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Adapted cycling in young children with cerebral palsy: practice and evidence of effect.

Pickering, Dawn 2016. Adapted cycling in young children with cerebral palsy: practice and evidence of effect. Presented at: Early Intervention the power of parenting and practice in the light of the ICF CY, University of Groningen, The Netherlands, 7-9 April 2016.

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Participation has become an important domain of the World Health Organisation’s International Classification of Functioning to demonstrate health and well-being outcomes. However, children with cerebral palsy can have limited choices for participation in recreational activities that demonstrate such effects. They have equal rights to enjoy play activities and should expect to have them adapted for their needs. Adapted cycling provides one opportunity for families to participate together in a community activity. It is however not provided by health professionals and relies on the voluntary sector. Healthcare practice, particularly physiotherapy, remains focussed on manual skills seeking to change the child’s abilities, however a recent review suggested this can be ineffective and that a more ‘hands off’ approach should be considered. Seeking out and developing appropriate recreational activities may achieve the same goals and enable the child to function more independently. However, the potential to develop or adapt these recreational activities can be a postcode lottery, relying on individuals with an interest in specific areas. Recent United Kingdom initiatives have seen an increase in funding for sport related activities. Participation is wider than sport and further consideration needs to be given to other non-competitive activities. So whilst participation choices may be recommended by health care professionals, few are able to provide these in a health context. The effects of participation in recreational activities upon a child with cerebral palsy have a limited evidence base. Most research has utilised a positivistic approach seeking to measure the just the physical effects. More recent research has broadened to develop measures to capture their qualitative experiences (Stewart et al, 2012). Some have used validated questionnaire designs; others have used creative visual and participatory methods. This paper will present some findings from a mixed methods adapted cycling study emphasising the qualitative aspects to bring out the younger children’s voices. This will include a digital story made by one of the children about the enjoyment she gets from a range of activities. Further case studies will be used from the author’s pilot doctoral data exploring the ‘Lifeworld’ of children and young people with cerebral palsy to illustrate health and emotional well-being effects. Examples will be drawn from other researchers who have used participatory methods to explore how this evidence might add to our understanding of children with cerebral palsy learning to manage their condition. This direction of developing autonomy and self- determination is being developed and as practice is informed, it can respond by changing its emphasis (Powrie et al,2015). Powrie, B., Kolehmainen, N., Turpin, M., Ziviani, J. and Copley, J. (2015), The meaning of leisure for children and young people with physical disabilities: a systematic evidence synthesis. Developmental Medicine & Child Neurology, 57: 993–1010. doi: 10.1111/dmcn.12788. Social Participation of Adolescents with Cerebral Palsy: Trade-offs and Choices. Debra A. Stewart , John J. Lawless , Lorie J. Shimmell , Robert J. Palisano , Matthew Freeman , Peter L. Rosenbaum , Dianne J. Russell Physical & Occupational Therapy In Pediatrics Vol. 32, Iss. 2, 2012.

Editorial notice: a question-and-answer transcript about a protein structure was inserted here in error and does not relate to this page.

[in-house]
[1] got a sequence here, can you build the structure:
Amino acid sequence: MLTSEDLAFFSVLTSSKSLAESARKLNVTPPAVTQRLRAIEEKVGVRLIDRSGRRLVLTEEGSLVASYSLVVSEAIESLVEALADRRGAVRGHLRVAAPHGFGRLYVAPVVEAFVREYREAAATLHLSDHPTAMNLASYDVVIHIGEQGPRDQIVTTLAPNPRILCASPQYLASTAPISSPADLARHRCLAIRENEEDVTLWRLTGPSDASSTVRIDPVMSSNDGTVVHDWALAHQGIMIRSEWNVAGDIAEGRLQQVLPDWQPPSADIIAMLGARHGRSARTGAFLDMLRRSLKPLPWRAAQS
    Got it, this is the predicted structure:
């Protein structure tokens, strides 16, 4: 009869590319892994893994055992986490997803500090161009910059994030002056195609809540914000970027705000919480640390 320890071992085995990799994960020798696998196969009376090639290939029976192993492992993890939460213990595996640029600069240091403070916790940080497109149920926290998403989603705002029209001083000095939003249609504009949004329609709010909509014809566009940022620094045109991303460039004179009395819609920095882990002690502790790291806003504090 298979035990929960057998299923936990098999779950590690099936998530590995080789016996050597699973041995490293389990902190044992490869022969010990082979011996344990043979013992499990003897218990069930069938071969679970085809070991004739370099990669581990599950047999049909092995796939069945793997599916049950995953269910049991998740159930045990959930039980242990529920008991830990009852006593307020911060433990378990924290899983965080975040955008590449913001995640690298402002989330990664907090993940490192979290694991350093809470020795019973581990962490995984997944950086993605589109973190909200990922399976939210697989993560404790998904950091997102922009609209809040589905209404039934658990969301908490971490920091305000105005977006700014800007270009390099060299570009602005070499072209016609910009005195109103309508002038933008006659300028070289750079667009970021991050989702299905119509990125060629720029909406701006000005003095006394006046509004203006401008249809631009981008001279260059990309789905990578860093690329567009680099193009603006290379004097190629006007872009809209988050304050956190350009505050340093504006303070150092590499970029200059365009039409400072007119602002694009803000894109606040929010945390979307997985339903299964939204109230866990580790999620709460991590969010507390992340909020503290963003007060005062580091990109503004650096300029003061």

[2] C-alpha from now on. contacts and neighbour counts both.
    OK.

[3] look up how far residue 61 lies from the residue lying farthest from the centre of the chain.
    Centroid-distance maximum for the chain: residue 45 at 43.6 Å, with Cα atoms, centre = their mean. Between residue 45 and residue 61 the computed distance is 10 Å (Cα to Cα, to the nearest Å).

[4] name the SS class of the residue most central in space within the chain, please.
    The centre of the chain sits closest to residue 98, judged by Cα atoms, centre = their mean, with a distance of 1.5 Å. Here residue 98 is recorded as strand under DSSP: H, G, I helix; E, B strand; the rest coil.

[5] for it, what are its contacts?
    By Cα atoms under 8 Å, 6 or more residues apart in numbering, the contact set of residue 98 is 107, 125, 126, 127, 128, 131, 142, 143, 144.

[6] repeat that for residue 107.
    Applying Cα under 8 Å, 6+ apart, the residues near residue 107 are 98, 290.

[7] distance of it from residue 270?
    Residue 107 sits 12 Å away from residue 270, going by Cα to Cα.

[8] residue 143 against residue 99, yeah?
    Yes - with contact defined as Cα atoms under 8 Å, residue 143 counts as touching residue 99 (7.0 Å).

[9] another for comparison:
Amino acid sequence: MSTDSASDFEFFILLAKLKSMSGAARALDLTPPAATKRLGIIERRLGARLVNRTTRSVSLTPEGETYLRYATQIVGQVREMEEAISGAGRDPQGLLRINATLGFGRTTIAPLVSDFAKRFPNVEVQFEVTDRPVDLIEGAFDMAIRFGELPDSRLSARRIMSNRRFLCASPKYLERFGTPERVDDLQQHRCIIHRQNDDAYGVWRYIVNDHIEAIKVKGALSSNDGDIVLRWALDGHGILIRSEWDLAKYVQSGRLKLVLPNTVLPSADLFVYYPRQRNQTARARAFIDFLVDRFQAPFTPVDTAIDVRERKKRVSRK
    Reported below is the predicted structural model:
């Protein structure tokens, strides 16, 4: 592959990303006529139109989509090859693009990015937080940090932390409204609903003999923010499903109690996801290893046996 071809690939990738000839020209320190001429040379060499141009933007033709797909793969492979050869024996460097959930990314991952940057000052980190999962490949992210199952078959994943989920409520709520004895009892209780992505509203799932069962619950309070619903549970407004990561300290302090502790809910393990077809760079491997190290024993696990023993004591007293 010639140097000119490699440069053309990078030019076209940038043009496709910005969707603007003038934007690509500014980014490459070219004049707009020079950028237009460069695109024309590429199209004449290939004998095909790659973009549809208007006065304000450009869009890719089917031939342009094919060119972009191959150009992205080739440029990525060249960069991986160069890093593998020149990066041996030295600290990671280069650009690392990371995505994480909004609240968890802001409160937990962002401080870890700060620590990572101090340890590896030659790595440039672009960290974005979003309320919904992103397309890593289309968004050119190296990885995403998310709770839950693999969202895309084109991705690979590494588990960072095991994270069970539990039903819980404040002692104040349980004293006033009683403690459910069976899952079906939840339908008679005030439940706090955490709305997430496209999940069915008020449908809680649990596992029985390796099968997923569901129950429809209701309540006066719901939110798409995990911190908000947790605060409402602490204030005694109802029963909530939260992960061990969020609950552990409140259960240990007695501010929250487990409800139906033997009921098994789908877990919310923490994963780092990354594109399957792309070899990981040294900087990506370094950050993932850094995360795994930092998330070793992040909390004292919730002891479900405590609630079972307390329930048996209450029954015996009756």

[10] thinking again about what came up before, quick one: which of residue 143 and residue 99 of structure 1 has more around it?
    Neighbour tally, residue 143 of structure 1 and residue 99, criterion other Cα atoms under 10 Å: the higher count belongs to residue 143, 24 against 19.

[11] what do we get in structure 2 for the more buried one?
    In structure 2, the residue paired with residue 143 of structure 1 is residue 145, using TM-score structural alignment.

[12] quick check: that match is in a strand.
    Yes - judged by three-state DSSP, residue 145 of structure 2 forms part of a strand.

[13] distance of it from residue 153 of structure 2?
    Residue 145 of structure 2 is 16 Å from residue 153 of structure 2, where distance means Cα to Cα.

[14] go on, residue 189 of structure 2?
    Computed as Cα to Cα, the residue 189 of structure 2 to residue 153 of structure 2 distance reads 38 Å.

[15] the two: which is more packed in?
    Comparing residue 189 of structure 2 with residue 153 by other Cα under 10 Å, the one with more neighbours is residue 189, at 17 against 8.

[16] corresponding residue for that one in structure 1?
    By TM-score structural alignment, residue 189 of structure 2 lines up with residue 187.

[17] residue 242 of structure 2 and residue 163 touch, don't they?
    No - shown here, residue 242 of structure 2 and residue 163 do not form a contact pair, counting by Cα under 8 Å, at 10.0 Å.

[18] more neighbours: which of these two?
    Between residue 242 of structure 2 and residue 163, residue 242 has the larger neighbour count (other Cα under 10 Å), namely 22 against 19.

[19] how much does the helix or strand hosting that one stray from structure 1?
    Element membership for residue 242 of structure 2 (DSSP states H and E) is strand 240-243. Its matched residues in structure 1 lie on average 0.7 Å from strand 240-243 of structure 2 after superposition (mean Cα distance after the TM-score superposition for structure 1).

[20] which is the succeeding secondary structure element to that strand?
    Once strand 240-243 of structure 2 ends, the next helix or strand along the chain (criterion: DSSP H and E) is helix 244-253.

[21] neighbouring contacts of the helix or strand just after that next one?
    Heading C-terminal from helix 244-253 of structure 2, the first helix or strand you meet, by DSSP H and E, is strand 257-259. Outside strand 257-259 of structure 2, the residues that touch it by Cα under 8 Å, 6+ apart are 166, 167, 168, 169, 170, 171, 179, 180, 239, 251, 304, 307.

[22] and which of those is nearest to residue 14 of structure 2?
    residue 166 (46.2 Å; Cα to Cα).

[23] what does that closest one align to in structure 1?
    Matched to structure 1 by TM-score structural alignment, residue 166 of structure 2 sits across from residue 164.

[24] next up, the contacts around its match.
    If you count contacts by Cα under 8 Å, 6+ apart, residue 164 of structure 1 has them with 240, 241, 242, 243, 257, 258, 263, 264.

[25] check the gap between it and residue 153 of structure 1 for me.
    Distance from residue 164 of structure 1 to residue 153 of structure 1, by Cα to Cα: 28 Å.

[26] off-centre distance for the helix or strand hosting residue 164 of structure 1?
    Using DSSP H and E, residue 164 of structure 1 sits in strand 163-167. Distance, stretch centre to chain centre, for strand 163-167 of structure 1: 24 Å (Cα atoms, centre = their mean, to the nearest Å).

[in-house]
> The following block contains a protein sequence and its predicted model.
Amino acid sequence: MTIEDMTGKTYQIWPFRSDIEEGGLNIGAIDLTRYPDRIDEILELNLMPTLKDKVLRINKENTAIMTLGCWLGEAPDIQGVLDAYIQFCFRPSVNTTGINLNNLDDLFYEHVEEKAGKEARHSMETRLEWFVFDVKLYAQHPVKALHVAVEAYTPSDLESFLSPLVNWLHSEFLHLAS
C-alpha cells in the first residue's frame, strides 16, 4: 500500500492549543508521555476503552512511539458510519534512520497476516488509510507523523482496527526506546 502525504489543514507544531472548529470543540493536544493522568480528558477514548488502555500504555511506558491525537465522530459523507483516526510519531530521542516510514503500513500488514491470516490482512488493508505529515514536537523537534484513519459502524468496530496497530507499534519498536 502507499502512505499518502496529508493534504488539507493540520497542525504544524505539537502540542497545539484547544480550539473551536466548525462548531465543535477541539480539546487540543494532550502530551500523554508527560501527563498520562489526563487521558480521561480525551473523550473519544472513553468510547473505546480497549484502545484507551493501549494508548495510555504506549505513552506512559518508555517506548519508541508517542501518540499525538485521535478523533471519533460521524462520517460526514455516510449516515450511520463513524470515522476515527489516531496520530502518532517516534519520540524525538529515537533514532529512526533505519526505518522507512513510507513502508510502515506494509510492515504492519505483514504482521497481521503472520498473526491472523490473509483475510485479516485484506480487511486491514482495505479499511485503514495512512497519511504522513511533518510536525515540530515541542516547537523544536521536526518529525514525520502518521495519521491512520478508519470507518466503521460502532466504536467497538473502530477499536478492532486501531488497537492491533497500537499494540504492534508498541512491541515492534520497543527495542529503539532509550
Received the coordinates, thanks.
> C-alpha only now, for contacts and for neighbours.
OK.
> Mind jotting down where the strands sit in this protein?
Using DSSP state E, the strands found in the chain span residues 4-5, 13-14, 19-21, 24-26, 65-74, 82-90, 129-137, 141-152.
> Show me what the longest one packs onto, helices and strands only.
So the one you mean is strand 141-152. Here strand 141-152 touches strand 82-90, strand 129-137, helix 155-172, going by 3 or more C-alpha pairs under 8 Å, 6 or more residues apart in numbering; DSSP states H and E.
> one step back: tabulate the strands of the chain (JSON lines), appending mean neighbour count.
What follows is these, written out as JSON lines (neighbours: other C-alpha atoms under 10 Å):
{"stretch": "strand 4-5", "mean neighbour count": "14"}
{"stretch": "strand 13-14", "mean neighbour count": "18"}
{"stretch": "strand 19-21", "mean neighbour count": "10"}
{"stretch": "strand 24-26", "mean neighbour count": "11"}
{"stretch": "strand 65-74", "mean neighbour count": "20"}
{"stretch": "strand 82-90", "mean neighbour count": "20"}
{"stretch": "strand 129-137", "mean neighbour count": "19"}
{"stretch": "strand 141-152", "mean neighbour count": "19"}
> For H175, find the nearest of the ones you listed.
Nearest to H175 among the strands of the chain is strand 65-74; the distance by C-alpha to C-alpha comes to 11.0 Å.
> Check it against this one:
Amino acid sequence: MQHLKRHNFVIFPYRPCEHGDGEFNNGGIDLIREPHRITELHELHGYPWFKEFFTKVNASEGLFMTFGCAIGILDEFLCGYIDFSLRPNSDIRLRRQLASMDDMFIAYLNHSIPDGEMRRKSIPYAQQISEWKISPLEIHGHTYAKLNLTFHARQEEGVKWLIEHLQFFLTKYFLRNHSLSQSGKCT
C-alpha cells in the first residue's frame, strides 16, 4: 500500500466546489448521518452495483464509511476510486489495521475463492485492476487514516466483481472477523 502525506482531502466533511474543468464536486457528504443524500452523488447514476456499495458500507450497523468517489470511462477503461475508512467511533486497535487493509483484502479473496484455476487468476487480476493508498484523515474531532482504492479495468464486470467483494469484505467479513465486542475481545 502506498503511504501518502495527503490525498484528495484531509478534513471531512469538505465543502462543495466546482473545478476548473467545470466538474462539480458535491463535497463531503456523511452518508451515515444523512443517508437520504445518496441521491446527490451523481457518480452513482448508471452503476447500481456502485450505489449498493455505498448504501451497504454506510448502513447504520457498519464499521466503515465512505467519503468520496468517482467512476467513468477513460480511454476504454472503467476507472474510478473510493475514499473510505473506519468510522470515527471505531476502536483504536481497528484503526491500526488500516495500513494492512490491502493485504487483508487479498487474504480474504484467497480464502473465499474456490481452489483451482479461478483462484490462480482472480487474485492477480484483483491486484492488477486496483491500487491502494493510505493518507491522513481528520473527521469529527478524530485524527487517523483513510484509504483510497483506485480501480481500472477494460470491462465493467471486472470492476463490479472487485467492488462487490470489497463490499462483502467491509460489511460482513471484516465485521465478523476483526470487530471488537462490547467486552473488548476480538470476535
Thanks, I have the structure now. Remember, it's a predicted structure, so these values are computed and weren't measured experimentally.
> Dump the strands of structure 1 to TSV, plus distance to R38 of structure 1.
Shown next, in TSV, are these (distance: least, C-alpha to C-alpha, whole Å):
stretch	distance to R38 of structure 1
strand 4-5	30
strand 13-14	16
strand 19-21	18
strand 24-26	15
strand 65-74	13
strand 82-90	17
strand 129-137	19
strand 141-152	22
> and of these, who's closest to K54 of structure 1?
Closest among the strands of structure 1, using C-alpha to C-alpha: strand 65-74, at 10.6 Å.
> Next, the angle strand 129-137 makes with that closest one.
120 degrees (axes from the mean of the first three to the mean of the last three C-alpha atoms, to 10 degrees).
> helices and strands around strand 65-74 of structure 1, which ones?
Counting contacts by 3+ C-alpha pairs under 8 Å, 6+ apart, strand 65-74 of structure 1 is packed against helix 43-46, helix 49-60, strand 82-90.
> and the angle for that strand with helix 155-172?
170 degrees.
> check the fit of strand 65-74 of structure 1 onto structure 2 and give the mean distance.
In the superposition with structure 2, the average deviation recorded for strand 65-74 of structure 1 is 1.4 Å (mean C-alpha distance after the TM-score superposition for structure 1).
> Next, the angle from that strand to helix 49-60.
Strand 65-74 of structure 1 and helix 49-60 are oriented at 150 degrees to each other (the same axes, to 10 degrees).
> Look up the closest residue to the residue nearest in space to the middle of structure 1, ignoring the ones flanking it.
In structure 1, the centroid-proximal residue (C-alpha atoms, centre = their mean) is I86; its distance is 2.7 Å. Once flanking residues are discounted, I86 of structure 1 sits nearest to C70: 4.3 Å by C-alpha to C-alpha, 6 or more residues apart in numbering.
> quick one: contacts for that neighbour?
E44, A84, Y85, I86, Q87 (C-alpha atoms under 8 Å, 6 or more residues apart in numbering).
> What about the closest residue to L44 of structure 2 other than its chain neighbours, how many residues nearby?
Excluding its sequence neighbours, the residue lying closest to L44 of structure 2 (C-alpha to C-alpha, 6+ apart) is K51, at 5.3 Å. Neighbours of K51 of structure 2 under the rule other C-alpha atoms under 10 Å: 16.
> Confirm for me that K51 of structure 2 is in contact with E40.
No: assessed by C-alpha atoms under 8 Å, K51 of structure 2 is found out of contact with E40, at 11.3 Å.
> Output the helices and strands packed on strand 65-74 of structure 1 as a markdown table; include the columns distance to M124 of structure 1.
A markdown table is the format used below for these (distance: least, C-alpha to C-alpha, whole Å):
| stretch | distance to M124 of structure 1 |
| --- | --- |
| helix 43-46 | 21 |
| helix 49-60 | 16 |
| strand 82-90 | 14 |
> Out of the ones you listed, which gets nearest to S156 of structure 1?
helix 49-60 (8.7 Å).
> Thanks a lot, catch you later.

Item Type: Conference or Workshop Item (Paper)
Date Type: Completion
Status: Unpublished
Schools: Healthcare Sciences
Subjects: R Medicine > RC Internal medicine > RC0321 Neuroscience. Biological psychiatry. Neuropsychiatry
R Medicine > RJ Pediatrics
Funders: Nancie Finnie Charitable Trust
Last Modified: 06 May 2021 08:35

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